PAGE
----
Background: Carbohydrate-deficient transferrin (CDT) and gamma-glutamyltransferase (GGT) are the most commonly used markers for alcohol abuse, but their sensitivity and specificity are lower and have different reference values among females compared with males. In the present study, we evaluated the effect of women's hormone balance on these two alcohol markers, as well as on their mathematical combination, named gamma-CDT.
Methods: An age-stratified random sample of 3962 women, between 25-74 years old, was drawn from the normal population. Pregnancy, the use of oral contraceptives, intrauterine device for contraception, hormone replacement therapy, and hormone treatment for infertility were considered. A comparison between fertile, peri- and postmenopausal women was also done.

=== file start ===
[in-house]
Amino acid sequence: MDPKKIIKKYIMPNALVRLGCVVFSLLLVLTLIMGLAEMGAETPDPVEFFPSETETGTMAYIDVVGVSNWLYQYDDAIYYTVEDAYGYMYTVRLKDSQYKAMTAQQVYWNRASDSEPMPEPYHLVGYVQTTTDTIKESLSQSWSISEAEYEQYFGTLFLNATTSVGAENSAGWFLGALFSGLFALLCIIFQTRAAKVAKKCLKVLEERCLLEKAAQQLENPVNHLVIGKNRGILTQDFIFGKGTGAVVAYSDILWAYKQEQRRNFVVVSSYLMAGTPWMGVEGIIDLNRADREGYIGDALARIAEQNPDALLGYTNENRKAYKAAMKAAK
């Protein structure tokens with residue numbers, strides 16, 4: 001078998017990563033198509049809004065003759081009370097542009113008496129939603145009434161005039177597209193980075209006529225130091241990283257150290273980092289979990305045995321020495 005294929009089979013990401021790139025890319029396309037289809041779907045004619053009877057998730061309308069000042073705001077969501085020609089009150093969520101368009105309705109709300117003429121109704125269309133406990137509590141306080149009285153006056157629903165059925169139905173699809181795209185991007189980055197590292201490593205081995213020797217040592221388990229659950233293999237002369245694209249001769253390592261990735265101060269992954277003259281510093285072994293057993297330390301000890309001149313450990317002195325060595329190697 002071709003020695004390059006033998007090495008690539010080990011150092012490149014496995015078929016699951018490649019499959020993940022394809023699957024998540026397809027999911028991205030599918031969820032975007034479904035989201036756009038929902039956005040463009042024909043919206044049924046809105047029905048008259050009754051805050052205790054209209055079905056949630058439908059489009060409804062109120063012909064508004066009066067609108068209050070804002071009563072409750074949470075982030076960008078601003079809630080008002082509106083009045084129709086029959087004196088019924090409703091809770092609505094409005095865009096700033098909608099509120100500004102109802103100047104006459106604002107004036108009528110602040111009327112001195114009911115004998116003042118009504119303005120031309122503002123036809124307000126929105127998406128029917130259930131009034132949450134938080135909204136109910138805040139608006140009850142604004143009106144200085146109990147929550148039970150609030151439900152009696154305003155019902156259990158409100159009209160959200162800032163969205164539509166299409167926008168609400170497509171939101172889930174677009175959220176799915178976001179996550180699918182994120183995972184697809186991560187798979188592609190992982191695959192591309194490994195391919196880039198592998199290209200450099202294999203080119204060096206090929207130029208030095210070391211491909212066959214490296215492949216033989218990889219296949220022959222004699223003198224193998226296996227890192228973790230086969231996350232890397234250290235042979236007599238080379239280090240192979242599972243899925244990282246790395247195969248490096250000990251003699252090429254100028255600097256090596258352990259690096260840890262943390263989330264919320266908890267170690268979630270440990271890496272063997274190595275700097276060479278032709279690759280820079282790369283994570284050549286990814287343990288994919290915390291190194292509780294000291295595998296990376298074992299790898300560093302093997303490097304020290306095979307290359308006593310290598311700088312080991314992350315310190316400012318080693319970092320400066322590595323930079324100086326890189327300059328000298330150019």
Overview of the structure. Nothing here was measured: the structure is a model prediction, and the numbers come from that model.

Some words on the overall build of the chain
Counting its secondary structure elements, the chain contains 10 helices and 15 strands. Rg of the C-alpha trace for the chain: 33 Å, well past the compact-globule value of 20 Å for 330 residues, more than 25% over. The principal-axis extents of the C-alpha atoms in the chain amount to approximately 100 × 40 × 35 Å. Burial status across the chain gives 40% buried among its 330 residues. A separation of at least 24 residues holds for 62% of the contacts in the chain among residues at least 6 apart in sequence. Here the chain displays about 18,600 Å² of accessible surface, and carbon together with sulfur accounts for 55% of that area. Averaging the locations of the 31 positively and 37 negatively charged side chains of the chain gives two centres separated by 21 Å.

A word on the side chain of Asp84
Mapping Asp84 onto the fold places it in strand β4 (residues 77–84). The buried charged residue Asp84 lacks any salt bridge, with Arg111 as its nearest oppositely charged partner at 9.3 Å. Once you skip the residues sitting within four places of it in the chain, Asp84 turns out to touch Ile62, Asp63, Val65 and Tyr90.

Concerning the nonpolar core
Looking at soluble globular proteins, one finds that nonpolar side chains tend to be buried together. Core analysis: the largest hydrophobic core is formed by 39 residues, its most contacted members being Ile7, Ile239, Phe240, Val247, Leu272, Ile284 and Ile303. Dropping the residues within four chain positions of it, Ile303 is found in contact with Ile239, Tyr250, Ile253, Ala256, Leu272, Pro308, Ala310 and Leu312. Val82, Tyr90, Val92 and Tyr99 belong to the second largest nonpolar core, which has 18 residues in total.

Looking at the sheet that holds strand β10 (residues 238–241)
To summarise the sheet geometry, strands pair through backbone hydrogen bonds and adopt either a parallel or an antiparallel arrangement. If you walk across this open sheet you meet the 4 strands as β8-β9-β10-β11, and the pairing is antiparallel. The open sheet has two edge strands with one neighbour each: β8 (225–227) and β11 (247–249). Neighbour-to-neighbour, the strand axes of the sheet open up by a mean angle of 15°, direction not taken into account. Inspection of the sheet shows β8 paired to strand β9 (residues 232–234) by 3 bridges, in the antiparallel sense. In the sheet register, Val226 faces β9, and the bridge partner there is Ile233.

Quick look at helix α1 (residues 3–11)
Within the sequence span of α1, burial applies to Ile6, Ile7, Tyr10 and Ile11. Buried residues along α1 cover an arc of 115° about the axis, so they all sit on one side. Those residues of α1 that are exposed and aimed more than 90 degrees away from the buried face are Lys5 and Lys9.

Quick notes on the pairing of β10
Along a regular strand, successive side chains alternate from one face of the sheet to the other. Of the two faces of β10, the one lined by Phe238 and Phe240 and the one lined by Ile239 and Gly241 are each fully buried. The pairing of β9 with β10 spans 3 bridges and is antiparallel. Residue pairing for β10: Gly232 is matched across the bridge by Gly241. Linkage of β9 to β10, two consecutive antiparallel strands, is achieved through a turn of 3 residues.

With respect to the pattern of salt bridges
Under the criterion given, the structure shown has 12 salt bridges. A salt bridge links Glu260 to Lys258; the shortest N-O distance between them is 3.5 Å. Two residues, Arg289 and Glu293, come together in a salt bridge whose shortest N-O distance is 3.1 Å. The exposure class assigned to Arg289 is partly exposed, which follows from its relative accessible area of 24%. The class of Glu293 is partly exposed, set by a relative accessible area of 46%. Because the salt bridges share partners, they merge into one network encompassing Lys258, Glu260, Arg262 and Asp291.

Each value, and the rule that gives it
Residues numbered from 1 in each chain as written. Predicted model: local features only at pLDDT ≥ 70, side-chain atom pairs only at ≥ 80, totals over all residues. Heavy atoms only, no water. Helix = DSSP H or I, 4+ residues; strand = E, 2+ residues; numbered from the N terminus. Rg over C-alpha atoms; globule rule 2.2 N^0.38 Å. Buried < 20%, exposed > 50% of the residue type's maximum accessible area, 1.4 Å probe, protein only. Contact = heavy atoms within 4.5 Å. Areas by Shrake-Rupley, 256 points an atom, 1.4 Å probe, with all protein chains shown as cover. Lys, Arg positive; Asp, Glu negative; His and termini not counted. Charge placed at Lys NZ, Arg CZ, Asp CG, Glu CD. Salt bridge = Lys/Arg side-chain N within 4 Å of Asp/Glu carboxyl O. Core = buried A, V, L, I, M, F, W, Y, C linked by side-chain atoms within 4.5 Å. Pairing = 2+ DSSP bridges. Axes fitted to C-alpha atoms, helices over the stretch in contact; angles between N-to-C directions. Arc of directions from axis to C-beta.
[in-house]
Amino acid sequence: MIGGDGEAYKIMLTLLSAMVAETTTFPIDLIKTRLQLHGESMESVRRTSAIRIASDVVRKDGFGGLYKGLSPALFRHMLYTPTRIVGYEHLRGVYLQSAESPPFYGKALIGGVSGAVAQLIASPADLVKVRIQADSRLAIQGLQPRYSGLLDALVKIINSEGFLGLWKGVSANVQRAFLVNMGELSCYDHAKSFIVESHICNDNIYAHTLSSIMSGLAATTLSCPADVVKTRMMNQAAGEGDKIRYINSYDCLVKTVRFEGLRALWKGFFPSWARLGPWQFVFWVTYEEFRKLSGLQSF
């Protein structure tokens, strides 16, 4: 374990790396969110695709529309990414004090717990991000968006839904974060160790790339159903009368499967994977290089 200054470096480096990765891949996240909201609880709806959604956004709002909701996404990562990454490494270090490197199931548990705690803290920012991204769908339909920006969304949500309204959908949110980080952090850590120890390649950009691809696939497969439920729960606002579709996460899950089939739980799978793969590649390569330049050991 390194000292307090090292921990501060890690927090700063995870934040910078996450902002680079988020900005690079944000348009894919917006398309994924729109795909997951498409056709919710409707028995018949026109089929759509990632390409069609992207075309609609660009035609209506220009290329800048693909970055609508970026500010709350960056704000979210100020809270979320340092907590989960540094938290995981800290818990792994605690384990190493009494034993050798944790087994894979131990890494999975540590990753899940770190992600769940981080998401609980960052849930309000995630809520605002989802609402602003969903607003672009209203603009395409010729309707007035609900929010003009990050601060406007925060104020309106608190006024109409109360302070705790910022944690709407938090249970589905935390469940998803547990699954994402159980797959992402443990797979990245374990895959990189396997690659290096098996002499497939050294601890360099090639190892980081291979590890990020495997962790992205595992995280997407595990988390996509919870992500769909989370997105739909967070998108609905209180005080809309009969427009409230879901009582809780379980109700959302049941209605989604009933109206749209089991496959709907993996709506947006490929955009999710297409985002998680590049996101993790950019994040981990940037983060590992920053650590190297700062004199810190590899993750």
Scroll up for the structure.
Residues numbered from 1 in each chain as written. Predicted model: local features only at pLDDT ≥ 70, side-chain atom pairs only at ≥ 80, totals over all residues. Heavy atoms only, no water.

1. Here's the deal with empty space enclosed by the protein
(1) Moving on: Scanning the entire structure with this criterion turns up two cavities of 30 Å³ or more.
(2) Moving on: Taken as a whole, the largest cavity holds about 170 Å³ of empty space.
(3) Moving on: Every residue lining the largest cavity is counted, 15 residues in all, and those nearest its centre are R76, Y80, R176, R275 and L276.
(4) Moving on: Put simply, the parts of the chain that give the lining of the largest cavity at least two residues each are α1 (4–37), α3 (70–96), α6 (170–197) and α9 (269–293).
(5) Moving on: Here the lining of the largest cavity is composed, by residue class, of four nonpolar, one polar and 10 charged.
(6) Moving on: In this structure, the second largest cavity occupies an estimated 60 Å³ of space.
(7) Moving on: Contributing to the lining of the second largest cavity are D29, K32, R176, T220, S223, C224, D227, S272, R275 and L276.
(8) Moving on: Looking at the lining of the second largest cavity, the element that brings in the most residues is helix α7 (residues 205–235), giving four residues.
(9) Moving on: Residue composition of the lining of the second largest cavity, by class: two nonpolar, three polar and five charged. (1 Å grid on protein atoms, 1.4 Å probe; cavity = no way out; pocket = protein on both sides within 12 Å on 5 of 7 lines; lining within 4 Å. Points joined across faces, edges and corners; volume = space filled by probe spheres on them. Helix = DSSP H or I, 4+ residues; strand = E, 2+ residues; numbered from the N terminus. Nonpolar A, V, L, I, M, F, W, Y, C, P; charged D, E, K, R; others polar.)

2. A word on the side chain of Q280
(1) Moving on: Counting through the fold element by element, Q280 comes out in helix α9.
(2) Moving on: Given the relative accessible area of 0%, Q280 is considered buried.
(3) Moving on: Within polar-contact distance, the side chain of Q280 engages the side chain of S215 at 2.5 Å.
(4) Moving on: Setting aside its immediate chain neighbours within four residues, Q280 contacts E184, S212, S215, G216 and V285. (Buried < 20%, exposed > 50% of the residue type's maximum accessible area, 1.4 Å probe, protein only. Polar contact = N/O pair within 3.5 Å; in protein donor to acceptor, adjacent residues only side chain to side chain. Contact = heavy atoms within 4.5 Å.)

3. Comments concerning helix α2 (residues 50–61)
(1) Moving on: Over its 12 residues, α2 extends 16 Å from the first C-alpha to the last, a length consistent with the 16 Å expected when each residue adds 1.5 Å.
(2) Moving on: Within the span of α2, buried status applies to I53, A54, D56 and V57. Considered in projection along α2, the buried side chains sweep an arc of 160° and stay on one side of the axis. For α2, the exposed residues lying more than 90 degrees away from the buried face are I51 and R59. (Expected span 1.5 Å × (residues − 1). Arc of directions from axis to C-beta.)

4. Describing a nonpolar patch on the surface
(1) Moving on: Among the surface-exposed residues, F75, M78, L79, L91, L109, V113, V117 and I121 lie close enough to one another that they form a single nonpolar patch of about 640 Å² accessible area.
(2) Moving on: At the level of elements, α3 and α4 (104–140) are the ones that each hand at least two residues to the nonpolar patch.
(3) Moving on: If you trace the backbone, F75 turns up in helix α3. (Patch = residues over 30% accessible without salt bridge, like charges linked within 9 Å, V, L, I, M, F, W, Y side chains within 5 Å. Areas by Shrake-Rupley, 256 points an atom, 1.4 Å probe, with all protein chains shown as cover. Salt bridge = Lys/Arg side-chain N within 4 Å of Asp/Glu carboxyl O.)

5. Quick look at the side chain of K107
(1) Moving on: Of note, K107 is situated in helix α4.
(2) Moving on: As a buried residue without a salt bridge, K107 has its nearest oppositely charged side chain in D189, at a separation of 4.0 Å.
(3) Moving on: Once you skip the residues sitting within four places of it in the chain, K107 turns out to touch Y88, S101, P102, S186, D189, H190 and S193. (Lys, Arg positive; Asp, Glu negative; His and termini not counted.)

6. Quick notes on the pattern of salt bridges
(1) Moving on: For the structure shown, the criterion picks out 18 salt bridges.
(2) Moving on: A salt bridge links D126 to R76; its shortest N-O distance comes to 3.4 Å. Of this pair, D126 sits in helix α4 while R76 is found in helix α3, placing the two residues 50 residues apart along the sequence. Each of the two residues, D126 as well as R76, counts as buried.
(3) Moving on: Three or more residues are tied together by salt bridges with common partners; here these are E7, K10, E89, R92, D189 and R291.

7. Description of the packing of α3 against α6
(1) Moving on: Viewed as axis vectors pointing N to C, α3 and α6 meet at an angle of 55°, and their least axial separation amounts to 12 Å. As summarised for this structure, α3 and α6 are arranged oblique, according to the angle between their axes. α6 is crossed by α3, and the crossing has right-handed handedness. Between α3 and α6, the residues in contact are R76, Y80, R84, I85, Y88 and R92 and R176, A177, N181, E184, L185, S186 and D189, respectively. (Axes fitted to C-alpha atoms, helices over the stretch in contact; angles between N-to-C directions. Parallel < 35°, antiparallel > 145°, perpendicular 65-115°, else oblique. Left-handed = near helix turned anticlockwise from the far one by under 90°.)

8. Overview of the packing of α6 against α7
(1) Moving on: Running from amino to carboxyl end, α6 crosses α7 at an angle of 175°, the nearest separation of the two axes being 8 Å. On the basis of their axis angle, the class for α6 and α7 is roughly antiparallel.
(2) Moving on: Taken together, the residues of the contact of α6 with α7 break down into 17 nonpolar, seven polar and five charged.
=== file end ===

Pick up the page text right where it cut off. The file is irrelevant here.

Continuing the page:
Results: Existing pregnancy increased CDT levels but decreased GGT values. Lower CDT and higher GGT levels were observed among those women using oral contraceptives and in postmenopausal women compared with women at the fertile stage. gamma-CDT was not influenced by hormone balance.
Conclusions: The different hormonal status had an opposite effect on CDT and GGT. Women who were close to late menopause had levels of both markers closer to the values of men. It must be pointed out that the findings presented here are based on measurements of absolute CDT values and that no measurements of total transferrin were done. gamma-CDT, not influenced by hormone balance, indicates promising clinical utility among women.